On Mon, 2007-07-30 at 20:20 +0100, Simon Riggs wrote:
> Jignesh Shah's scalability testing on Solaris has revealed further
> tuning opportunities surrounding the start and end of a transaction.
> Tuning that should be especially important since async commit is likely
> to allow much higher transaction rates than were previously possible.
> There is strong contention on the ProcArrayLock in Exclusive mode, with
> the top path being CommitTransaction(). This becomes clear as the number
> of connections increases, but it seems likely that the contention can be
> caused in a range of other circumstances. My thoughts on the causes of
> this contention are that the following 3 tasks contend with each other
> in the following way:
> CommitTransaction(): takes ProcArrayLock Exclusive
> but only needs access to one ProcArray element
> waits for
> GetSnapshotData():ProcArrayLock Shared
> ReadNewTransactionId():XidGenLock Shared
> which waits for
> takes XidGenLock Exclusive
> ExtendCLOG(): takes ClogControlLock Exclusive, WALInsertLock Exclusive
> two possible place where I/O is required
> ExtendSubtrans(): takes SubtransControlLock()
> one possible place where I/O is required
> Avoids lock on ProcArrayLock: atomically updates one ProcArray element
> or more simply:
> CommitTransaction() -- i.e. once per transaction
> waits for
> GetSnapshotData() -- i.e. once per SQL statement
> which waits for
> GetNextTransactionId() -- i.e. once per transaction
> This gives some goals for scalability improvements and some proposals.
> (1) and (2) are proposals for 8.3 tuning, the others are directions for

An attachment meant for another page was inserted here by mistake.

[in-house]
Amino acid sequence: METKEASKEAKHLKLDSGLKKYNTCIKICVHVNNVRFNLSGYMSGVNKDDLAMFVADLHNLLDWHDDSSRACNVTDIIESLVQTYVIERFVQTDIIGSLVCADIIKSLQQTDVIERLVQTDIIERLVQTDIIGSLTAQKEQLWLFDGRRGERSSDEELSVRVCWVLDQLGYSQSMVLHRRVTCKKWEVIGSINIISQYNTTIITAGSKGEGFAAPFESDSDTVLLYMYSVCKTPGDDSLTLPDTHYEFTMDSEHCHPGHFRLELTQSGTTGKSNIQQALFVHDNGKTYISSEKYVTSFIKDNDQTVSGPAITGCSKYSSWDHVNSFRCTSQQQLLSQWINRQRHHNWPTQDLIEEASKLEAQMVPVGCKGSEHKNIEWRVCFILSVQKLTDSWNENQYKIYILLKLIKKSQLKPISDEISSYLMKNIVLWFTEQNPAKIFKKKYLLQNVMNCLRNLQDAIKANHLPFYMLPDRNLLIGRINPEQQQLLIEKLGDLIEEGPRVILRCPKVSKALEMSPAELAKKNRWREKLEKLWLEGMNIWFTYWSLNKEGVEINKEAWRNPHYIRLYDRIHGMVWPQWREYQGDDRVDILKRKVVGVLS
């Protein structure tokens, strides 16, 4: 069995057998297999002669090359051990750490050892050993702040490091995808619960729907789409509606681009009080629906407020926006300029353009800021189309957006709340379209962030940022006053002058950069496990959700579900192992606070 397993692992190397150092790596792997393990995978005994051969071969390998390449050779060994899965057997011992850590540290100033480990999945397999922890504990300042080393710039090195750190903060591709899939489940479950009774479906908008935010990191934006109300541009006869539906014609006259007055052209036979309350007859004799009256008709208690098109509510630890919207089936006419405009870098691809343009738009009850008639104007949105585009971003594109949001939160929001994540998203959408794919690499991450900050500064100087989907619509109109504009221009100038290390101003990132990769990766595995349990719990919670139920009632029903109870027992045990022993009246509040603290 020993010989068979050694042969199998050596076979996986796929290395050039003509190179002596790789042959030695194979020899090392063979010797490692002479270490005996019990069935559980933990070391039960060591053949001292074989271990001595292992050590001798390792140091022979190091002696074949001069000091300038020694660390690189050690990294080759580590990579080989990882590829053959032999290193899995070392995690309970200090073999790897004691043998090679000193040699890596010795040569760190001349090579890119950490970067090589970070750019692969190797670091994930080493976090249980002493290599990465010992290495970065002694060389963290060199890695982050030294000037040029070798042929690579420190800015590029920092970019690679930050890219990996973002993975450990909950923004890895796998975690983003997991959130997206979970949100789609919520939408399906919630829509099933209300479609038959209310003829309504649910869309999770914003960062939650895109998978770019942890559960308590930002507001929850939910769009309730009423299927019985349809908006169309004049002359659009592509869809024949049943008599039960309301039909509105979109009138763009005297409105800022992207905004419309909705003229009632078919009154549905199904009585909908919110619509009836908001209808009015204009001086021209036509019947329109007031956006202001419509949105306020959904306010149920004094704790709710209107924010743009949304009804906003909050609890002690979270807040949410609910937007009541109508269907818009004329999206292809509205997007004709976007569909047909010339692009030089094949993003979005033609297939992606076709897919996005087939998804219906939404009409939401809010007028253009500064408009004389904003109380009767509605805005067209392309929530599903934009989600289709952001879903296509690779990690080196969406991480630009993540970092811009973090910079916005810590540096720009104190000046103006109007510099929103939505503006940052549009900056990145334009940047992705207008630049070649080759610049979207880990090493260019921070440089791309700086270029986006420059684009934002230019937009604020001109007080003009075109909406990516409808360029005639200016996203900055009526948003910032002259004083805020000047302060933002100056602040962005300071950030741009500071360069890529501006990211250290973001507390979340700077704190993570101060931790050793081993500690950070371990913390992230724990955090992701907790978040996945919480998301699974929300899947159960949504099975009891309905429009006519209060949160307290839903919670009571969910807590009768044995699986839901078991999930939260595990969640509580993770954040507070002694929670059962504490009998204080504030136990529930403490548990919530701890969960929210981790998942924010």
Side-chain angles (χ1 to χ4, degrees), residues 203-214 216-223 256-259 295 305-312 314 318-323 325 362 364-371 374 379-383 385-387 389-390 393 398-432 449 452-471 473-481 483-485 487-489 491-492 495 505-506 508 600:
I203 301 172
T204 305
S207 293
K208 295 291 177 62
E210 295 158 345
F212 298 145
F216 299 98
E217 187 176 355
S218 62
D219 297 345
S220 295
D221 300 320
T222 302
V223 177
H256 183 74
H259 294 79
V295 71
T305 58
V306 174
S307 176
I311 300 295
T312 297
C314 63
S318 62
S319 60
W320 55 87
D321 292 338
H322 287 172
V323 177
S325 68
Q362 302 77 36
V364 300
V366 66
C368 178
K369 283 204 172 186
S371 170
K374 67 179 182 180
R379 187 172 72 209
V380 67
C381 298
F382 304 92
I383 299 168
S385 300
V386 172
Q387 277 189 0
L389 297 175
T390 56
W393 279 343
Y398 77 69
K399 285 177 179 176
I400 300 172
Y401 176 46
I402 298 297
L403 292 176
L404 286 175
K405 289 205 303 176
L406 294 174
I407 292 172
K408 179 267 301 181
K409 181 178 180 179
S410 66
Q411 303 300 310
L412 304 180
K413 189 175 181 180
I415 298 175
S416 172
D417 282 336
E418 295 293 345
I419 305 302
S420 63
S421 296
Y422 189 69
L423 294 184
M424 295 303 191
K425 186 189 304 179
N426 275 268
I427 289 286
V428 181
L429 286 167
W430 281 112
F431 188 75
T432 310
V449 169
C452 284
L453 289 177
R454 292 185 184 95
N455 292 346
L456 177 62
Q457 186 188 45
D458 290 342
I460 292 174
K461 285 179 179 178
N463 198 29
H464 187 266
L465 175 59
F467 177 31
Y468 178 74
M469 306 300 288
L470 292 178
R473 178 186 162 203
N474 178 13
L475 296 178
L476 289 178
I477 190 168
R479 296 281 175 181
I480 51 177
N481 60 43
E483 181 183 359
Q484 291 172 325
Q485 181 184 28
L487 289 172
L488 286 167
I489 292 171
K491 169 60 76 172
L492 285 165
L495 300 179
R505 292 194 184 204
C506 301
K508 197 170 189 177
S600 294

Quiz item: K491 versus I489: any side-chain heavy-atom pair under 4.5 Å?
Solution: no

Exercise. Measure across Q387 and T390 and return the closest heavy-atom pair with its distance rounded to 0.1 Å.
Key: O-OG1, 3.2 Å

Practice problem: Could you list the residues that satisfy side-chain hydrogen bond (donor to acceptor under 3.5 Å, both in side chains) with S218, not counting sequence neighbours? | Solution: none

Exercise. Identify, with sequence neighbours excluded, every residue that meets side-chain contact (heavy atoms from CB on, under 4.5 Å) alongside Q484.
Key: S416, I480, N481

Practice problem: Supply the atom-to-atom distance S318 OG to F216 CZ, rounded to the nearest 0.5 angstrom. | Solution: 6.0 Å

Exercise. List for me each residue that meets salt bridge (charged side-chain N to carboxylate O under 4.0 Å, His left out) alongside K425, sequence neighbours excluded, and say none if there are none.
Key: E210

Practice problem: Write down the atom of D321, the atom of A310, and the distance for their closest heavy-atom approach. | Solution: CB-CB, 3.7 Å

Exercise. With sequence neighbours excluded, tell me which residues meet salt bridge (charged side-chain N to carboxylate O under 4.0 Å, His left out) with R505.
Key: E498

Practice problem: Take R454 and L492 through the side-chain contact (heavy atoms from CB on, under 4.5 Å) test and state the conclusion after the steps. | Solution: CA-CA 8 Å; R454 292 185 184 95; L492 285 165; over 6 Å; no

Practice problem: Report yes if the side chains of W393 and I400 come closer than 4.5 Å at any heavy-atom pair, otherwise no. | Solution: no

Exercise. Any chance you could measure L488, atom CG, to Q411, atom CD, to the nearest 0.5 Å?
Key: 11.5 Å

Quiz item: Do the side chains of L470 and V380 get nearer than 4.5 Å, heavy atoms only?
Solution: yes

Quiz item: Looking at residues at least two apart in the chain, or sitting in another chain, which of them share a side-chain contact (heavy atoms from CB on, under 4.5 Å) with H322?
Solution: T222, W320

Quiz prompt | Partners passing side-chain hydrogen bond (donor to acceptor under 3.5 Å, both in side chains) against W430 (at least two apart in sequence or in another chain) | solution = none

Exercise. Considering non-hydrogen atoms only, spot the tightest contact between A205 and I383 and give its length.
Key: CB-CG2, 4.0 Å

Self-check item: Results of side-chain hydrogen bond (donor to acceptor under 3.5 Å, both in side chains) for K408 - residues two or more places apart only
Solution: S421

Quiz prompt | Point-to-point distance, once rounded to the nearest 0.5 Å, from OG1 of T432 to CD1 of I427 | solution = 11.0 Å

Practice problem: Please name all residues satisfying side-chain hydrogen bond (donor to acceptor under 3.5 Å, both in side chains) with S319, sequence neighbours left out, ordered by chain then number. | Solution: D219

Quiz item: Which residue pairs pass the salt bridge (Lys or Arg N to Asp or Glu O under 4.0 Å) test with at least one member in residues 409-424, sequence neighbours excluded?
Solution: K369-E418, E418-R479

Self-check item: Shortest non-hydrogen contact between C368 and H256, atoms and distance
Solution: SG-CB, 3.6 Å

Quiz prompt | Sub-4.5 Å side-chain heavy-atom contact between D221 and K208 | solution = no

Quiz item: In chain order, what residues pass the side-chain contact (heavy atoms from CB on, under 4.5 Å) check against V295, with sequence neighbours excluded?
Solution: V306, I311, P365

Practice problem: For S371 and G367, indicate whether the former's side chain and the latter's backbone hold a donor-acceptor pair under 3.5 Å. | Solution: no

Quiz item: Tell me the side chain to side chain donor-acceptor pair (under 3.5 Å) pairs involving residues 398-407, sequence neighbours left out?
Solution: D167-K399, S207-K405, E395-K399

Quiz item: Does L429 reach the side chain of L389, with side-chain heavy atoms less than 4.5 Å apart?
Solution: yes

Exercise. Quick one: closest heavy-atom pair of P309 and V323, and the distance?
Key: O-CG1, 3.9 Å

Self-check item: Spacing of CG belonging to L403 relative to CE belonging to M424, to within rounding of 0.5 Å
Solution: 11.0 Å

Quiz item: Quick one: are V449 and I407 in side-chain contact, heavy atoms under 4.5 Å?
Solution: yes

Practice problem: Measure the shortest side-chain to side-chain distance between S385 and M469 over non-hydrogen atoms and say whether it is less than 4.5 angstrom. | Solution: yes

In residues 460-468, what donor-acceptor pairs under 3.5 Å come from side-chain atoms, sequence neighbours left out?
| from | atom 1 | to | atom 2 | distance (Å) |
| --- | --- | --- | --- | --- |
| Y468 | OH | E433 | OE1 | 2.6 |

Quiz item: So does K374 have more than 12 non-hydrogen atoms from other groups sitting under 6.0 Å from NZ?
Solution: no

> further research.
> Goal: Reduce total time that GetSnapshotData() waits for
The latest patch for lazy xid allocation reduces the number of times
GetNextTransactionId() is called by eliminating the call entirely for
read only transactions. That will reduce the number of waits and so will
for most real world cases increase the scalability of Postgres.
Right-mostly workloads will be slightly less scalable, so we should
expect our TPC-C numbers to be slightly worse than our TPC-E numbers.
We should retest to see whether the bottleneck has been moved
sufficiently to allow us to avoid doing techniques (1), (2), (3), (5) or
(6) at all.
> 1. Increase size of Clog-specific BLCKSZ
> Clog currently uses BLCKSZ to define the size of clog buffers. This can
> be changed to use CLOG_BLCKSZ, which would then be set to 32768.
> This will naturally increase the amount of memory allocated to the clog,
> so we need not alter CLOG_BUFFERS above 8 if we do this (as previously
> suggested, with successful results). This will also reduce the number of
> ExtendClog() calls, which will probably reduce the overall contention
> 2. Perform ExtendClog() as a background activity
> Background process can look at the next transactionid once each cycle
> without holding any lock. If the xid is almost at the point where a new
> clog page would be allocated, then it will allocate one prior to the new
> page being absolutely required. Doing this as a background task would
> mean that we do not need to hold the XidGenLock in exclusive mode while
> we do this, which means that GetSnapshotData() and CommitTransaction()
> would also be less likely to block. Also, if any clog writes need to be
> performed when the page is moved forwards this would also be performed
> in the background.
> 3. Consider whether ProcArrayLock should use a new queued-shared lock
> mode that puts a maximum wait time on ExclusiveLock requests. It would
> be fairly hard to implement this well as a timer, but it might be
> possible to place a limit on queue length. i.e. allow Share locks to be
> granted immediately if a Shared holder already exists, but only if there
> is a queue of no more than N exclusive mode requests queued. This might
> prevent the worst cases of exclusive lock starvation.
(4) is a general concern that remains valid.
> 4. Since shared locks are currently queued behind exclusive requests
> when they cannot be immediately satisfied, it might be worth